Colorado Springs chef and caterer aims to own a food truck business | Way of life


Jolhea Muhammad-Payton made a vow at the age of 15 to learn a new skill, earn a certificate, or earn a new type of license.

At 35, she has amassed an impressive list:

International hairdresser, phlebotomy, radiology technician, medical assistant, medical billing and coding, certified practical nurse, cardiopulmonary resuscitation, class A truck driver, travel agent, air ramp agent and trained in hand-to-hand combat. She recently started training for her commercial pilot license.

But the one constant throughout his explorations has been his passion for food.

“Hair and food were always something I could fall back on. Cooking has always saved my life,” said the single mother of three aged 16, 2 and 1. “I loved cooking for my family and friends. I have always dreamed of having a restaurant.

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She found her inspiration watching her mother cook, which she says is her earliest memory.

“She was meticulous about how she cut everything,” Muhammad-Payton said, “taking her time to be perfect and adding every ingredient with love.”

The eldest of three children, she grew up in Guam, the Philippines and Hawaii. His father was a Navy SEAL and now an entrepreneur. Her Filipino mother is a housewife and runs their family’s businesses. After graduating from high school, Muhammad-Payton began pre-medical studies at a community college. At 19, she married her high school sweetheart, an Army soldier, and moved to Colorado Springs. She went to college, had her son, and styled her hair to the side.

When they divorced, she returned to the Philippines to be closer to her family and moved to Guam soon after so she could work and help her mother, who was sick.

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In 2015, she married an airman she had met in Guam and returned to Colorado Springs for a communications opportunity.

Muhammad-Payton continued to accumulate skills in the sources, but also began to focus on his culinary specialty of preparing traditional Filipino, Asian and Islander dishes. She also prepared foods from other cultures and styles.

She has a knack for turning food into comfort food. She is particularly known for her lumpia, which she says are perfectly fried, slightly crispy spring rolls.

In February, she took a chance and incorporated Lumpia Lheas – The Island Cuisine Queens, a catering, events and personal chef experience business.

“Lumpia Lheas was built with love, with the intention not only to share the food of my culture and many others in which I grew up, but to provide an experience which in turn creates memories between the family , friends and even strangers,” she wrote in a Facebook post.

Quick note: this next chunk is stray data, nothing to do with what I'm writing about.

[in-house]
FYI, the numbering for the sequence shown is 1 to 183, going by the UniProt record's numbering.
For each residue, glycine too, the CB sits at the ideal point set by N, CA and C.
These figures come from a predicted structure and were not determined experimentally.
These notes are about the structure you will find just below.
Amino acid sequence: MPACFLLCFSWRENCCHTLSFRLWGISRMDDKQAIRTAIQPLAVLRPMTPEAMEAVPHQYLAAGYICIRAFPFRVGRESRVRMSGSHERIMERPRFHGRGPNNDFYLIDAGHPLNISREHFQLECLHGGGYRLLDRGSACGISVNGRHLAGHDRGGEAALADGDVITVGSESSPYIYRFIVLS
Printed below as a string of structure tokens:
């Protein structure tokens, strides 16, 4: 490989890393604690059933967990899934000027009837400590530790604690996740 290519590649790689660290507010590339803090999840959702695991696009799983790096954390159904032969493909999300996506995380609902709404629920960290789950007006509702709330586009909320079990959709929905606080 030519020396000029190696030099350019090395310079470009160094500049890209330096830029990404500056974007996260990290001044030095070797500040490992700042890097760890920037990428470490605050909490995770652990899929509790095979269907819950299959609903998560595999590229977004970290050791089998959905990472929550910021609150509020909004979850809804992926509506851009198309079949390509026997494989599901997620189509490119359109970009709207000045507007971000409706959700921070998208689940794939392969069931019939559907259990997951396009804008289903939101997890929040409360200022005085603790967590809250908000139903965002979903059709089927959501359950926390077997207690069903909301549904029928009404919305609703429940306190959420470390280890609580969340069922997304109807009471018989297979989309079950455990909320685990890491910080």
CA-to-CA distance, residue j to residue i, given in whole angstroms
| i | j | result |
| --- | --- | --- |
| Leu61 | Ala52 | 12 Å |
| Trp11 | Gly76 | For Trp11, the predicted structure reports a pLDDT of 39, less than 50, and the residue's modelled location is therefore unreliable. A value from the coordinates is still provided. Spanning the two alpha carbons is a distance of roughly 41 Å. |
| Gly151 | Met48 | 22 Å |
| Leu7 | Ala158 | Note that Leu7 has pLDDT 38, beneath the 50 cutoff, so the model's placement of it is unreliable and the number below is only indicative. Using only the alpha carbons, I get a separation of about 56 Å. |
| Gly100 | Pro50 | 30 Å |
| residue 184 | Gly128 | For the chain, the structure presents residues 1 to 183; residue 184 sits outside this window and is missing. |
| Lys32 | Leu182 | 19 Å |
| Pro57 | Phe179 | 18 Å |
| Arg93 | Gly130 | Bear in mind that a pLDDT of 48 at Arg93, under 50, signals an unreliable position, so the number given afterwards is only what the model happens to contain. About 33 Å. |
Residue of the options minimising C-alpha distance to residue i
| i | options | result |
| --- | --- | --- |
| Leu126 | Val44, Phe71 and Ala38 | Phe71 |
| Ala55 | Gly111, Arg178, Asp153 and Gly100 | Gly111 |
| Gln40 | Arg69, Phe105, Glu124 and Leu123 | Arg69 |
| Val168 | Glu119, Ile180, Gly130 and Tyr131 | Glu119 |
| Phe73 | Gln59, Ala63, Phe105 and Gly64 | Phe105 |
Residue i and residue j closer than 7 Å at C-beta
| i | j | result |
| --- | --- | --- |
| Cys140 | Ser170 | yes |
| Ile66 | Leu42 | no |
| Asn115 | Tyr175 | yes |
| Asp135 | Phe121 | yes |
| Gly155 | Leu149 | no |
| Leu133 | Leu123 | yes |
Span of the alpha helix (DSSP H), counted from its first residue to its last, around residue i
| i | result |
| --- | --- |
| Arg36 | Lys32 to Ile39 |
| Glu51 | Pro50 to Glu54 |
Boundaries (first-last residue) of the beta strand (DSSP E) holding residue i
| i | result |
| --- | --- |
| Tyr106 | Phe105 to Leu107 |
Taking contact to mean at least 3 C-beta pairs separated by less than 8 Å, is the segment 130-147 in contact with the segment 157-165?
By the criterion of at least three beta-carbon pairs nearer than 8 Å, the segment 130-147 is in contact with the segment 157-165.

She was invited to participate in the Rocky Mountain Health Care Services Leader Showcase, held at The Antlers hotel in May. She won the top prize: a gold medal for her island barbecue chicken, steamed white rice and lumpia with sweet chilli sauce.

“It was the first time I had participated in a cooking competition of this caliber,” she said.

“I didn’t know what to expect. I had no idea there would be all the best chefs in Colorado Springs competing. They told me to prepare 500 servings. I was so nervous I brought 1000 servings. I didn’t want to burn myself out or make any mistakes.

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There was a non-stop line at his table that night. And when they announced her name as the winner, she was so surprised she burst into tears.

“It was confirmation that I had made the right decision, after all we’ve been through and all the hard work and sacrifice, my dedication and determination to perfect my craft has finally paid off,” he said. she declared.

After that, calls started coming in twice as fast for catering events. She received regular concerts. But just two months later, she injured her back while stocking up for restoration work and ended up in hospital with three herniated discs, torn muscles and nerve damage.

She remained in a rehabilitation hospital for two weeks after a week-long stint at UCHealth Memorial Hospital North – learning to manage her life in a walker and wheelchair to rebuild her mobility.

Her recovery could take six to eight months, but with her discipline and determination, she says she will pull through.

“I always have my greatest growth in the darkest times of my life,” Muhammad-Payton said.

“I turn pain into profit,” she said. “God provides, and I always figure out how to make things happen. I am lucky that my family lives here and helps me with my babies. I owe so much to my mother, Bethlea, the other queen of the island of Lumpia Lheas. I love her more than words could ever explain. She sacrificed so much to help me make my dreams and goals a reality.

She thanked her Facebook followers for their words of encouragement: “I’m forever grateful for all the support from the community and I can’t wait to come back better than ever.”

Her goal when she can go back to work: own her own food trailer.

“We will achieve this goal even with this setback,” she said.

You can follow her on facebook.com/LumpiaLheas.

Contact the author: 636-0271.

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